II. Art and Thought Process

1. As the opening drawing of the Xiyouji-themed Inktober set, I’ve decided to focus not on Sun Wukong himself but rather on Tripitaka, the monk, as Guanyin Pusa appears before him to assign him the quest for the sutras. Guanyin’s reference are commonly-found icons and statues. Between the two of them float the items Tripitaka receives (the cossack, nine-ringed staff and hat).

(Larger version)

2. This is the first time I depict Sun Wukong in the series, and I did it based his design on an article written on this very blog, trying to stick as much as possible to his literary description, especially regarding the clothing (monk’s shirt and tiger pelt kilt held by a rope), short stature, simian face and bald spot on the top of the head (converted to Buddhism). I gave him long spike-like hair in the back because otherwise his head felt too small. The Ruyijingubang has a rather simple design, as I never liked its depictions with pommels on both ends. I also tried to make the inscriptions on the shaft, but ultimately gave up, admittedly.

(Larger version)

3. This picture has Sun Wukong fighting against the Iron Fan Princess, who sends him flying away with her Banana Leaf Fan. Once again, I wanted to show how small Monkey is (in comparison to nearly everyone else, though I’m not always 100% consistent) and remind that the Ruyijingubang can increase in both length and width, as seen here where he tries to use it as a shield to block the wind, unsuccessfully. Also of note, the massive stone pillar on which the “address” of the Iron Fan Princess is written.

(Larger version)

4. This one isn’t based on any specific event, but it’s here to bring out two topics: the first is the size of the party members, which I always tried to keep consistent (and tried is the keyword). The idea is that Sun Wukong is the smallest of the group (4 feet), then we have Tripitaka, the “normal” one, and the Dragon (horse-sized): Pigsy (here depicted with a hint of boar) is the second tallest but also the fattest, while Sandy is the tallest of the party (and definitively not a Kappa). The second one is Sha Wujing’s weapon: while it’s usually depicted as a Monk Spade, the actual name is the “Demon-Subduing Treasure Cane” (降魔宝杖, Xiangmobaozhang), making it a stick/staff. However, it’s also worth a mention that the Monk Spade is sometimes called “Zen Cane” (禪杖, Chanzhang), a term which also refers to the ringed staff used by monks. Admittedly, I liked the spade version the most, though I plan to depict this weapon as a staff when Sandy is in his celestial marshal/arhat forms, implying that the staff changed into a spade when he fell from Heaven.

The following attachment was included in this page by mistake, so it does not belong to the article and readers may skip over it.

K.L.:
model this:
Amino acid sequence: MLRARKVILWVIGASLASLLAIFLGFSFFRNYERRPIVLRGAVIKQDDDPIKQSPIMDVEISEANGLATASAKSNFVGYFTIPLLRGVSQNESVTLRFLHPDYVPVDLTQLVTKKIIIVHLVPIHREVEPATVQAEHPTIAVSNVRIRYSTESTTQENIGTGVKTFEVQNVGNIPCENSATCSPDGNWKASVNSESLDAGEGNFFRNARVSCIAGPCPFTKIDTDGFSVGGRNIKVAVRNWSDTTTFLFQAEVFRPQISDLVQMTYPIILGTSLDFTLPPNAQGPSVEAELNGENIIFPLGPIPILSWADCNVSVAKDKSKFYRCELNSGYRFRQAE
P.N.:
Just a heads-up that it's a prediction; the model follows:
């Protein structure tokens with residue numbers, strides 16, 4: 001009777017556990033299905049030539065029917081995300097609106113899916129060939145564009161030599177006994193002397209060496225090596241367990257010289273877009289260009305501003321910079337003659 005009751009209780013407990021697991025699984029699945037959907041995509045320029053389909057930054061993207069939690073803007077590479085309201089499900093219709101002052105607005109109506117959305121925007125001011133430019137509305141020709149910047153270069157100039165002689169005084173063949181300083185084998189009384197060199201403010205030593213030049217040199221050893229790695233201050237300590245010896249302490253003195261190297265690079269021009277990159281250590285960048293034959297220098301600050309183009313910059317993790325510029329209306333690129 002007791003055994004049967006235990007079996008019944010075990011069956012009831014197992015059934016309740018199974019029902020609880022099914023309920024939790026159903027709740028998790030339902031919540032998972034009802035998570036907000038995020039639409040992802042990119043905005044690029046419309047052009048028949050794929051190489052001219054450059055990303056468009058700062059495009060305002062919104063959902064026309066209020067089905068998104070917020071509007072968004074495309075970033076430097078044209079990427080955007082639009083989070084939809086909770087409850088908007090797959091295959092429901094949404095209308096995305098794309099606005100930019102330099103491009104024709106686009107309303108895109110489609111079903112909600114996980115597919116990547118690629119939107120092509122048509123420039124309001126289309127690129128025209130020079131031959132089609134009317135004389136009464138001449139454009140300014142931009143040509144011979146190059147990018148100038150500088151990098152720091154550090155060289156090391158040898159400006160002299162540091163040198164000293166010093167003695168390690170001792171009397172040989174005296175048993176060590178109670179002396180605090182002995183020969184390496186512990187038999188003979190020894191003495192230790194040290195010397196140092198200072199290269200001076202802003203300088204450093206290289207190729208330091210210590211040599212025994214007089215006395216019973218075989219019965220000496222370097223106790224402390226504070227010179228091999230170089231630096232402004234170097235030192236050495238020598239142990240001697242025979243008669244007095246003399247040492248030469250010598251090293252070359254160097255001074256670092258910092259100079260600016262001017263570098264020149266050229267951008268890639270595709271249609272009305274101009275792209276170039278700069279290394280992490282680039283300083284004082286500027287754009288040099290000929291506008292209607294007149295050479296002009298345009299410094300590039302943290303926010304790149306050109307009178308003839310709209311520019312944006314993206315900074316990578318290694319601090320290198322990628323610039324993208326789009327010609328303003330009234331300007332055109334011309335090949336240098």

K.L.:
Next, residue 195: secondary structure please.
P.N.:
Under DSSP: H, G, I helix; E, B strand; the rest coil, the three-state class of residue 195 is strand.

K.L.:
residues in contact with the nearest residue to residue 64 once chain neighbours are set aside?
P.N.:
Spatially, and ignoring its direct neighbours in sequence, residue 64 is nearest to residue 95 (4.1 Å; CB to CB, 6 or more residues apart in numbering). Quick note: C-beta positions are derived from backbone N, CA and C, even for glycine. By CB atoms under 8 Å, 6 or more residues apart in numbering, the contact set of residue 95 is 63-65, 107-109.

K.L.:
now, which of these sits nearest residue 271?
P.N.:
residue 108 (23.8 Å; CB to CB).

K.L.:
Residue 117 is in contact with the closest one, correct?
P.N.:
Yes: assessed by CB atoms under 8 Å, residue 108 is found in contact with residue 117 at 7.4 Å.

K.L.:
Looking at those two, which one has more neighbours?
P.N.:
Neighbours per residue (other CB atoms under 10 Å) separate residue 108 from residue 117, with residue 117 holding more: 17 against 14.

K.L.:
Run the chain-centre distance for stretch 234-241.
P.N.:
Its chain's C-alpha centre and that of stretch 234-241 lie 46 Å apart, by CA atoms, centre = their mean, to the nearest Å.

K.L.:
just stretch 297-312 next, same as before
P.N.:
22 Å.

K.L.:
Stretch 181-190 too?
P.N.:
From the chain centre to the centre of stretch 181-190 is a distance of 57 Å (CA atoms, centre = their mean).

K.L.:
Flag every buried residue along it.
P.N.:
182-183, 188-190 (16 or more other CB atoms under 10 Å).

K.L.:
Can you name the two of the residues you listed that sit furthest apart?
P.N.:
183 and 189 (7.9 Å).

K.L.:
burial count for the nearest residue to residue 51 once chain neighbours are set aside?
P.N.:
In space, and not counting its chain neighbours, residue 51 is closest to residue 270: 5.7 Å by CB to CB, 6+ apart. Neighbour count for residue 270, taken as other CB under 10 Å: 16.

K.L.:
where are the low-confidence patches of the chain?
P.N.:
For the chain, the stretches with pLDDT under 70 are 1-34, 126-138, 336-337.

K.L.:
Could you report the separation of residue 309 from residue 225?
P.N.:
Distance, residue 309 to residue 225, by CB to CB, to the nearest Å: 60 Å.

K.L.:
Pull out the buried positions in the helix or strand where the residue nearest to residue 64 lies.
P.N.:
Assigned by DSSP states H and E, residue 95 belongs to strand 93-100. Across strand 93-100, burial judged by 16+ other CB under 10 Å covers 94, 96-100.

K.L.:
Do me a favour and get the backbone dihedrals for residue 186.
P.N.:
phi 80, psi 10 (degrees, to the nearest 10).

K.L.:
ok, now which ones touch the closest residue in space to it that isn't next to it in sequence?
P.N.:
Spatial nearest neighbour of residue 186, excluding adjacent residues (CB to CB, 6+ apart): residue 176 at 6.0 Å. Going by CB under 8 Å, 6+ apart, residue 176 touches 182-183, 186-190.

(Larger version)

5. The big battle between Sun Wukong and the Lion Demons working for the Great Sage Nine Spirits (seen in the background, in his giant nine-headed form): this was mostly done because it was one of the rare parts of the book where Sandy actually fights the monsters alongside Sun Wukong (as Pigsy was captured), as well as an attempt to make a big battle scene.

(Larger version)

6. The only god who actually beat Monkey, Erlang Shen. Since the Inktober was focused on the journey itself, I’ve decided to depict their battle as a bad dream. This time, Monkey wears his old, stylish outfit he got from the Dragon Kings, while Erlang is in full battle regalia, including his “Sanjiang Lianrendao” (三尖两刃刀 Three-pointed, Double Edged Glaive) and his Heavenly Roar Dog.

(Larger version)

7. The clash between the three pilgrims and the three Demon Kings of Lion Camel Mountain, from top to bottom: the Blue-Haired Lion vs Sha Wujing, the Yellow-Tusked White Elephant vs Zhu Bajie and the Golden-Wings Peng King vs Sun Wukong. The design of the three kings was based on a series of pictures I loved very much. Once again, a reminder that Wukong’s staff can widen as well.

(Larger version)

8. Sun Wukong fights the three Rhino Kings, who’re kidnapping Tripitaka. This time I wanted to depict Monkey twirling his staff as he fights. Like with the Demon Kings above, the design of the three Rhinos was based on the same set of pictures, even though I remember that in the novel they’re described as “bull-like” in appearence. Particularly like the dust cloud to the right.

(Larger version)